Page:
Distance (round-trip)

2.6 mi

Time

1.5 hrs

Elevation Gain

300 ft

Season

Spring
Summer
Fall
Winter

Weather

From the moment Bay Area lumber barons caught wind of massive trees that rivaled and even surpassed the mighty, but rapidly dwindling coast redwood, they set their sites on the sequoia groves of the Sierra Nevada. With an admirable haste that was as devastating as it was inefficient, lumber companies spearheaded by the Sanger Lumber Company went to work on some of the most accessible groves in the upper Kings River watershed – Converse Basin Grove, Converse Mountain Grove, Indian Basin Grove, and Big Stump Grove. 

Within a few short decades, these lumber companies thoroughly extirpated the groves along with the co-mingled sugar pines, white fir, and incense cedar in a drive to profit off of the rampant growth of San Francisco. With the low-hanging fruit on the west side of Park Ridge now picked, the nearly defunct Sanger Lumber Company turned its eyes further east to the timber surrounding Tenmile Creek. After the Sanger Lumber Company finally made good on its threat to go belly up in 1905 (sequoia timber was never profitable, making the destruction even more galling and senseless), Thomas Hume and Ira Bennett purchased the Sanger Lumber Company and re-christened it the Hume-Bennett Lumber Company. 

In order to aid the movement and storage of timber east of Park Ridge, Hume and Bennett deduced the need for a reservoir near the center of their operations. Following the construction of a damn built by John Eastwood across the outlet of a vast meadow known then as “Long Meadow,” newly christened Hume Lake began to fill. The water from the reservoir would be use to store logs and later shuttle them along a 73-mile flume – the longest ever created – down hill to the town of Sanger where the old Sanger Mill was located. 

For twelve years, Hume and Bennett clear-cut the surrounding forest until a forest fire wiped out their entire operation in 1917. The lumber company resurrected itself, only to finally shut down logging operations for good in 1924 before turning over the land surrounding the lake to the United States Forest Services in 1935. For 65 years, the lake and surrounding forest – with the exception of an inholding containing the Hume Lake Christian Camp – belonged exclusively to Sequoia National Forest until the establishment of Giant Sequoia National Monument encompassed the area in an effort to protect and maintain the regeneration of the destroyed groves.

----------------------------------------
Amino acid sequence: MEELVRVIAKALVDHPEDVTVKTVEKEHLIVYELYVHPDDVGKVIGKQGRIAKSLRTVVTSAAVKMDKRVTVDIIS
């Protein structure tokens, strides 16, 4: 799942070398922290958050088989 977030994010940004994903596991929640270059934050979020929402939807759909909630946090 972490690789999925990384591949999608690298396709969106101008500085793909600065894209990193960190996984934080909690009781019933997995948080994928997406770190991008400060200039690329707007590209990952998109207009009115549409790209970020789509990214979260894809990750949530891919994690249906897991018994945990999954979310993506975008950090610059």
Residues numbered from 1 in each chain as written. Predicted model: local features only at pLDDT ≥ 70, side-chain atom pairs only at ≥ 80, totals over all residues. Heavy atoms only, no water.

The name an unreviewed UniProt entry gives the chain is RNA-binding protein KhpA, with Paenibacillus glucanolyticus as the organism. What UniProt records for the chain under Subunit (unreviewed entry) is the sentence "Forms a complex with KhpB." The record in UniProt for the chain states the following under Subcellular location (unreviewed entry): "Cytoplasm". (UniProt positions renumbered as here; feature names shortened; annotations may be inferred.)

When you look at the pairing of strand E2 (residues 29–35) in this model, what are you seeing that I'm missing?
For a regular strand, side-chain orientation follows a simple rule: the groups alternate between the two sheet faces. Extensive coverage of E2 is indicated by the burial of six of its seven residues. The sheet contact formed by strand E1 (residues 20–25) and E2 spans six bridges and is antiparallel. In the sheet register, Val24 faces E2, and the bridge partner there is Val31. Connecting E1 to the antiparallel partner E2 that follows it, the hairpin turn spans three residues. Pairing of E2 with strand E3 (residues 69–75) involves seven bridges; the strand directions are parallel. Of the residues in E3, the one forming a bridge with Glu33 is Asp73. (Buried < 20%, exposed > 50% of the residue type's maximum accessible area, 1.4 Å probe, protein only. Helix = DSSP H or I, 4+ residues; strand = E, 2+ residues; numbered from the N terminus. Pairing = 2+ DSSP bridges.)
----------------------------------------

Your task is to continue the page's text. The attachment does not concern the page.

Today, the lake is given over entirely to recreation. Picnic areas, a campground, a boat dock, and recreation facilities operated by the Christian Camp make the lake a hot spot of activity in the northern parcel of Giant Sequoia N.M. You can also follow a patchwork trail around the lake, which despite its destructive and ultimately wasteful beginnings is today an extremely pleasant place to take an evening stroll. 

From the Powdercan Picnic Area, find the signed Hume Lake Trailhead and commence walking along the wide, smooth path. As you walk roughly northeast, you pass through pines and cedars regrown since the cessation of logging in 1924. As you progress, numerous side paths lead to the banks of the lake to convey leisure seekers to nice spots for frolicking, fishing, and swimming in the cold water. After 0.5 mile, the merges into a dirt road that continues in the same direction toward the eastern end of the lake. 

At 0.9 miles, a paved footpath descends into Tenmile Creek’s ravine to circumvent the 110-year old dam that still stands in its nearly original state. The trail wends through dense forest before approaching a bridge spanning Tenmile Creek. From the bridge, you get a good look at the curving buttresses that reinforce the dam and enable it to impound a massive amount of water. 

After reaching the opposite side of the lake, the trail climbs back up to join a paved road that heads in the opposite direction (south and southeast) toward a sheltered cove where Tenmile Creek feeds into the lake. Take the informal path that veers away from the road at 1.6 mile to steer away from the road and follow the arc of sheltered Sandy Cove. 

As the trail approaches Tenmile Creek, it joins a bridge crossing the creek that then transitions into a boardwalk. Nice views across the lake accompany the sound of rushing water from the creek. The boardwalk continues north along the west side of the cove before quickly transitioning back into a single-track trail. The trail threads its way between the lake shore and busy Tenmile Drive as it heads west toward its terminus just south of the Christian Camp.

To return to the trailhead, walk across the lawn on the west end of the lake toward the snack shop, and then continue past the snack shop to the picnic area.

Scott is an L.A. native and San Diego transplant who pulls every trick in the book to get out on the trail. His first book, a revision of Afoot and Afield San Diego County, is now out.





Camping

Dog-Friendly

Historical Interest

Kid-Friendly

Trail Map

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